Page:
Walker v. State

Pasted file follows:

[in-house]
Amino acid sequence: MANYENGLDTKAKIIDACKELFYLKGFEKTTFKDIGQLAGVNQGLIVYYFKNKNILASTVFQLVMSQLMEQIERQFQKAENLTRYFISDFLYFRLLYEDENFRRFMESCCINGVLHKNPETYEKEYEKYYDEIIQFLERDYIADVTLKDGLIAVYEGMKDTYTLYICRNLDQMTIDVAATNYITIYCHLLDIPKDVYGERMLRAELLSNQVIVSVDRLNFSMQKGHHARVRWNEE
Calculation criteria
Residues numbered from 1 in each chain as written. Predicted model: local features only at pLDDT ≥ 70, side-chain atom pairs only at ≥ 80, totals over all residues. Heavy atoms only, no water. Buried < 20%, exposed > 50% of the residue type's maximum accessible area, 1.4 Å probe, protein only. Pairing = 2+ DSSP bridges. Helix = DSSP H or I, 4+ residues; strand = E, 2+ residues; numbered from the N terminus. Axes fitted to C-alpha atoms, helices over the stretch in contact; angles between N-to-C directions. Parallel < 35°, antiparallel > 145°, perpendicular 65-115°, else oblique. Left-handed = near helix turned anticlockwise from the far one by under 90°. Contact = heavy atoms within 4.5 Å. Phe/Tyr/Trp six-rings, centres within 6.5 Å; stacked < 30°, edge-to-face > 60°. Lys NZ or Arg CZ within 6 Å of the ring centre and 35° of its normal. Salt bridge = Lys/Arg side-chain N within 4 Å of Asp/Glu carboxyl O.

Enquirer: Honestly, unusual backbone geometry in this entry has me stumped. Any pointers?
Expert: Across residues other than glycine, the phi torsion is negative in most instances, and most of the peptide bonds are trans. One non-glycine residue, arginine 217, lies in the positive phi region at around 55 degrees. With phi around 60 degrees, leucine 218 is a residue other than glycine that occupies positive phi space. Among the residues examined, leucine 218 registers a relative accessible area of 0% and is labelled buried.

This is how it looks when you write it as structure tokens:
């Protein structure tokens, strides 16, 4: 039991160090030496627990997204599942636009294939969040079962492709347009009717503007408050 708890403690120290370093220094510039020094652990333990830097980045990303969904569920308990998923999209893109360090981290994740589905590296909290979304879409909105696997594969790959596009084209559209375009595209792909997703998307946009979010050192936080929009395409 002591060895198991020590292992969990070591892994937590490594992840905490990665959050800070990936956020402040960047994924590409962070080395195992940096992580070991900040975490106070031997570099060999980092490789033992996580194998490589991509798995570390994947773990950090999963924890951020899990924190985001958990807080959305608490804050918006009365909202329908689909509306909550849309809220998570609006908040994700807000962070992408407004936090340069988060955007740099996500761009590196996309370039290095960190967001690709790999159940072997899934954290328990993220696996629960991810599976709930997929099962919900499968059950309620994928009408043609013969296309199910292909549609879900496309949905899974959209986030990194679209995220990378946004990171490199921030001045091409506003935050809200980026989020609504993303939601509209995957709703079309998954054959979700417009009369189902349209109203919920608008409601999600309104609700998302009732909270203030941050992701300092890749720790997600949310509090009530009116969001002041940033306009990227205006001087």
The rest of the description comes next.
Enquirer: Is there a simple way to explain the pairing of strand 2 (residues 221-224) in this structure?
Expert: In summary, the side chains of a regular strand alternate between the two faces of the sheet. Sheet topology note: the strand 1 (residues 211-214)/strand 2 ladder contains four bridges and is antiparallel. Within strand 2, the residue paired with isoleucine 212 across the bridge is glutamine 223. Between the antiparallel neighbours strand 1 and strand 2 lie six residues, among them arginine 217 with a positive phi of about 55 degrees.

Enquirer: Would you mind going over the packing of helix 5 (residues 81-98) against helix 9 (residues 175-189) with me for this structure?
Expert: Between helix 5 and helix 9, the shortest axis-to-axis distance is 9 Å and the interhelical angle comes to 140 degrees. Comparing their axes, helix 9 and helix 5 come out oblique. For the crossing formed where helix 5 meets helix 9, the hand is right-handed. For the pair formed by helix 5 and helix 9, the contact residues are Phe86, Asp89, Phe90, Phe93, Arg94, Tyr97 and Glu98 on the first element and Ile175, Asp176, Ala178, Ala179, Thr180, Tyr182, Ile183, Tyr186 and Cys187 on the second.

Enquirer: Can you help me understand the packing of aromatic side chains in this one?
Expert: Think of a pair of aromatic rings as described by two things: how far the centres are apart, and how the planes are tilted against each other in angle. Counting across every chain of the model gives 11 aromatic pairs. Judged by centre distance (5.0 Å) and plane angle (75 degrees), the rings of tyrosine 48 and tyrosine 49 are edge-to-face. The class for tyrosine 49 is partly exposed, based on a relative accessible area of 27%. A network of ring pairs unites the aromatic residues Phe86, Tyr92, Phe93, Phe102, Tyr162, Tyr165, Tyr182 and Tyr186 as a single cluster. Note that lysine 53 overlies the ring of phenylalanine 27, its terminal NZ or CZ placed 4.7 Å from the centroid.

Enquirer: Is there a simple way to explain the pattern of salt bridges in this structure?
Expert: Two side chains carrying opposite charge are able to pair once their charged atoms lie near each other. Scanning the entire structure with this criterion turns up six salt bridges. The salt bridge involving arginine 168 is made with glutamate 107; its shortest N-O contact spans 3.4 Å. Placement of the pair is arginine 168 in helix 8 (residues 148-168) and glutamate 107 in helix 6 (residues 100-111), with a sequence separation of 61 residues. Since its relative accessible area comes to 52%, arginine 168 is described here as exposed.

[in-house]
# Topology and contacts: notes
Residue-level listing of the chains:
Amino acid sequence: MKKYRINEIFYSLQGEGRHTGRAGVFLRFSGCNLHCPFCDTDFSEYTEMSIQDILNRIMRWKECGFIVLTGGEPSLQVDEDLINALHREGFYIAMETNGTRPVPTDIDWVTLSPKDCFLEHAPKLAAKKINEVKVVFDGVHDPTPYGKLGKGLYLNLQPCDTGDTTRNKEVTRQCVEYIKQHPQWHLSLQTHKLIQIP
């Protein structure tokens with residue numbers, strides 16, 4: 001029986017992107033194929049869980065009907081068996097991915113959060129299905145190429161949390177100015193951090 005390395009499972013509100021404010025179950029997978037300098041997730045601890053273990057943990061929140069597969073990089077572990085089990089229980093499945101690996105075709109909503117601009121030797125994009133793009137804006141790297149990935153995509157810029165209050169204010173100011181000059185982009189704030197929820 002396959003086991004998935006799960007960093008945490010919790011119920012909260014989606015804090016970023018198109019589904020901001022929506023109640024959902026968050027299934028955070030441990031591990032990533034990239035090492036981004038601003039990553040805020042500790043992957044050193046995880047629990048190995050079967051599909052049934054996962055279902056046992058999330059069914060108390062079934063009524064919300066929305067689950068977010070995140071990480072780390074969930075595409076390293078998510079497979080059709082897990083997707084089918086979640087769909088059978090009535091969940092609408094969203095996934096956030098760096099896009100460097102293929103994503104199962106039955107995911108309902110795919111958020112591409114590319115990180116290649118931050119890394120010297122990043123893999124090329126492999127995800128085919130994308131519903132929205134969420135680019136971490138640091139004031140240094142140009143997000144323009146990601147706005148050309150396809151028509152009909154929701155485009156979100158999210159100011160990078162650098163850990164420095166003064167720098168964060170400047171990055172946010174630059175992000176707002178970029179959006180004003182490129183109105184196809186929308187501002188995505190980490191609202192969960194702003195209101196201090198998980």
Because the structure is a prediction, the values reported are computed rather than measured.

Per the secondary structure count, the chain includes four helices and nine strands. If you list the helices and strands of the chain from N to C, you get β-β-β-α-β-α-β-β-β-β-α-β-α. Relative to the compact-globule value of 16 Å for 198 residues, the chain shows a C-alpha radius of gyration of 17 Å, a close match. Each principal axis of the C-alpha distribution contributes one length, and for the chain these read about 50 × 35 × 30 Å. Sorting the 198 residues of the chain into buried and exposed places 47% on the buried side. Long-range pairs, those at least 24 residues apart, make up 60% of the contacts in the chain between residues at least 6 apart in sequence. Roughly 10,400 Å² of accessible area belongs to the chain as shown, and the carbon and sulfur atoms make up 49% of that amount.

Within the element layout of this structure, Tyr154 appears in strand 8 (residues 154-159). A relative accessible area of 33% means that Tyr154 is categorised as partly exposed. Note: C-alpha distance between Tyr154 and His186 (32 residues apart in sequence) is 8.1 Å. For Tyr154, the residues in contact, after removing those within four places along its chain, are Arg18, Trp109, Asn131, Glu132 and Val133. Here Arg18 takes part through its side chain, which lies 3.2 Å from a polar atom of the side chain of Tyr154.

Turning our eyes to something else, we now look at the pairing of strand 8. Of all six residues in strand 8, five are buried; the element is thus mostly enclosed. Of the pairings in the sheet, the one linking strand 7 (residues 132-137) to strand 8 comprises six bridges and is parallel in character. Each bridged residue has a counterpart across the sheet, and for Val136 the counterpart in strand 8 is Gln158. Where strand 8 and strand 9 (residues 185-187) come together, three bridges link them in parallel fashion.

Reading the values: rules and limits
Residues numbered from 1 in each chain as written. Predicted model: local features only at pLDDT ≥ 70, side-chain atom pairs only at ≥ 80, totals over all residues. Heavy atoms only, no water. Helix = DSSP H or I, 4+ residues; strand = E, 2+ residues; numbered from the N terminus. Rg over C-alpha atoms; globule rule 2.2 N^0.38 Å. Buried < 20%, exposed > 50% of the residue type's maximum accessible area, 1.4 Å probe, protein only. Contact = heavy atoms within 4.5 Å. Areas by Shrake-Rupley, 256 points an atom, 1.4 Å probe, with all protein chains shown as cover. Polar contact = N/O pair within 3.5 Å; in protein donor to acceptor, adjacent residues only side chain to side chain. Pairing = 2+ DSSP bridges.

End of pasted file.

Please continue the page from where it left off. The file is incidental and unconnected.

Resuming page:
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NOT FINAL UNTIL TIME EXPIRES TO FILE REHEARING MOTION AND, IF FILED, DETERMINED IN THE DISTRICT COURT OF APPEAL OF FLORIDA SECOND DISTRICT ANTHONY WALKER, Appellant, v. STATE OF FLORIDA, Appellee. ) ) ) ) ) ) ) ) ) ) Case No. 2D08-1194 Opinion filed October 30, 2009. Appeal from the Circuit Court for Pinellas County; Richard A. Luce, Judge. James Marion Moorman, Public Defender, and Clark E. Green, Assistant Public Defender, Bartow, for Appellant. Bill McCollum, Attorney General, Tallahassee, and Anne Sheer Weiner, Assistant Attorney General, Tampa, for Appellee. CRENSHAW, Judge. Anthony Walker appeals the denial of his motion for postconviction relief filed pursuant to Florida Rule of Criminal Procedure 3.850. The postconviction court summarily denied five of Walker's grounds and denied the remaining six grounds after an evidentiary hearing. We affirm the denial of grounds three through eleven without discussion. For reasons discussed below, we also affirm the postconviction court's findings as to ground two. However, because the record fails to conclusively refute either argument raised in ground one, we reverse and remand for further proceedings. In ground one of his motion, Walker alleged his trial counsel was ineffective for failing to object when the trial court did not swear in prospective jurors prior to conducting voir dire. Walker argues this failure enabled one of the jurors, Cora Stephens, to lie about knowing him. Alternatively, Walker alleged he was not present for the swearing of the jury and thus his counsel was ineffective for failing to object pursuant to Florida Rule of Criminal Procedure 3.180(a)(4). In ground two of his motion, which Walker requested be considered in conjunction with ground one, he alleged his trial counsel was ineffective for failing to object to Stephens' participation as a jury member despite using a peremptory challenge to strike her from being seated. The postconviction court summarily denied ground one in its entirety, finding Walker failed to establish prejudice because the trial transcript confirmed that his counsel exercised a peremptory challenge resulting in Stephens being struck from the jury. Despite finding in ground one that the record established Stephens never sat on the jury, the postconviction court nonetheless ordered the State to respond to, and eventually conducted a hearing on the merits of, ground two of Walker's motion. The postconviction court noted discrepancies existed in various court documents and trial transcripts indicating whether or not Stephens was on the jury,1 and the parties 1 It appears the confusion arose from two documents: the original transcript from the voir dire proceedings stating the peremptory challenge striking Stephens from the jury had been granted, and a contrasting jury panel list providing that Stephens was -2- subsequently spent a great deal of time at the evidentiary hearing determining whether she sat on the panel. The postconviction court thereafter entered an order denying ground two and stated: While this court is not totally convinced that all inaccuracies in the transcript have now been corrected, it is satisfied that the narrow issue to be decided here -- whether a peremptory challenge against juror Cora Stephens was granted or denied by the court -- has been sufficiently resolved. Based on the revised transcript . . . in conjunction with the testimony presented . . . it appears certain that the original transcript was in error and that the court ultimately denied any challenge lodged against Ms. Stephens during jury selection. Accordingly, Ms. Stephens was properly empanelled as a juror in the case and this claim is denied. The postconviction court was within its right, as the trier of fact, to determine that the evidence established Stephens was on the jury. We therefore defer to the postconviction court's findings as to Stephens' placement on the jury and affirm its ruling denying ground two of Walker's motion. See Stephens v. State, 748 So. 2d 1028, 1033 (Fla. 1999). However, the postconviction court's findings in ground two failed to address the inconsistencies that remained through its summary denial of ground one. Walker argued in the first part of ground one that his counsel was ineffective for failing to object to Stephens' placement on the jury because Walker allegedly told his counsel that Stephens was lying as to whether she knew him. At the evidentiary hearing, neither Walker nor his counsel testified as to what, if anything, Walker told his counsel about Stephens and whether his counsel objected to Stephens being seated on the jury on this basis. Further, Walker based the second part of ground seated as the second member of the jury. Because of numerous other inconsistencies with the transcript, further investigation revealed that the court reporter misplaced and then reconstructed her notes from the voir dire proceedings, which resulted in additional versions of the voir dire transcript. -3- one on the assertion that the prospective jurors were either never sworn or improperly sworn outside of his presence in violation of rule 3.180(a)(4). Walker's presence during the swearing of the jury was not determined from the record. Thus, neither part of ground one was conclusively refuted by the record and the postconviction court erred by summarily denying this ground. See Peede v. State, 748 So. 2d 253, 257 (Fla. 1999). Accordingly, we remand for further proceedings on both parts of ground one of Walker's motion. On remand, the postconviction court shall either attach portions of the record conclusively refuting both parts of ground one or conduct an evidentiary hearing. Affirmed in part, reversed in part, and remanded with directions. NORTHCUTT, J., Concurs. VILLANTI, J., Concurs in result only. -4-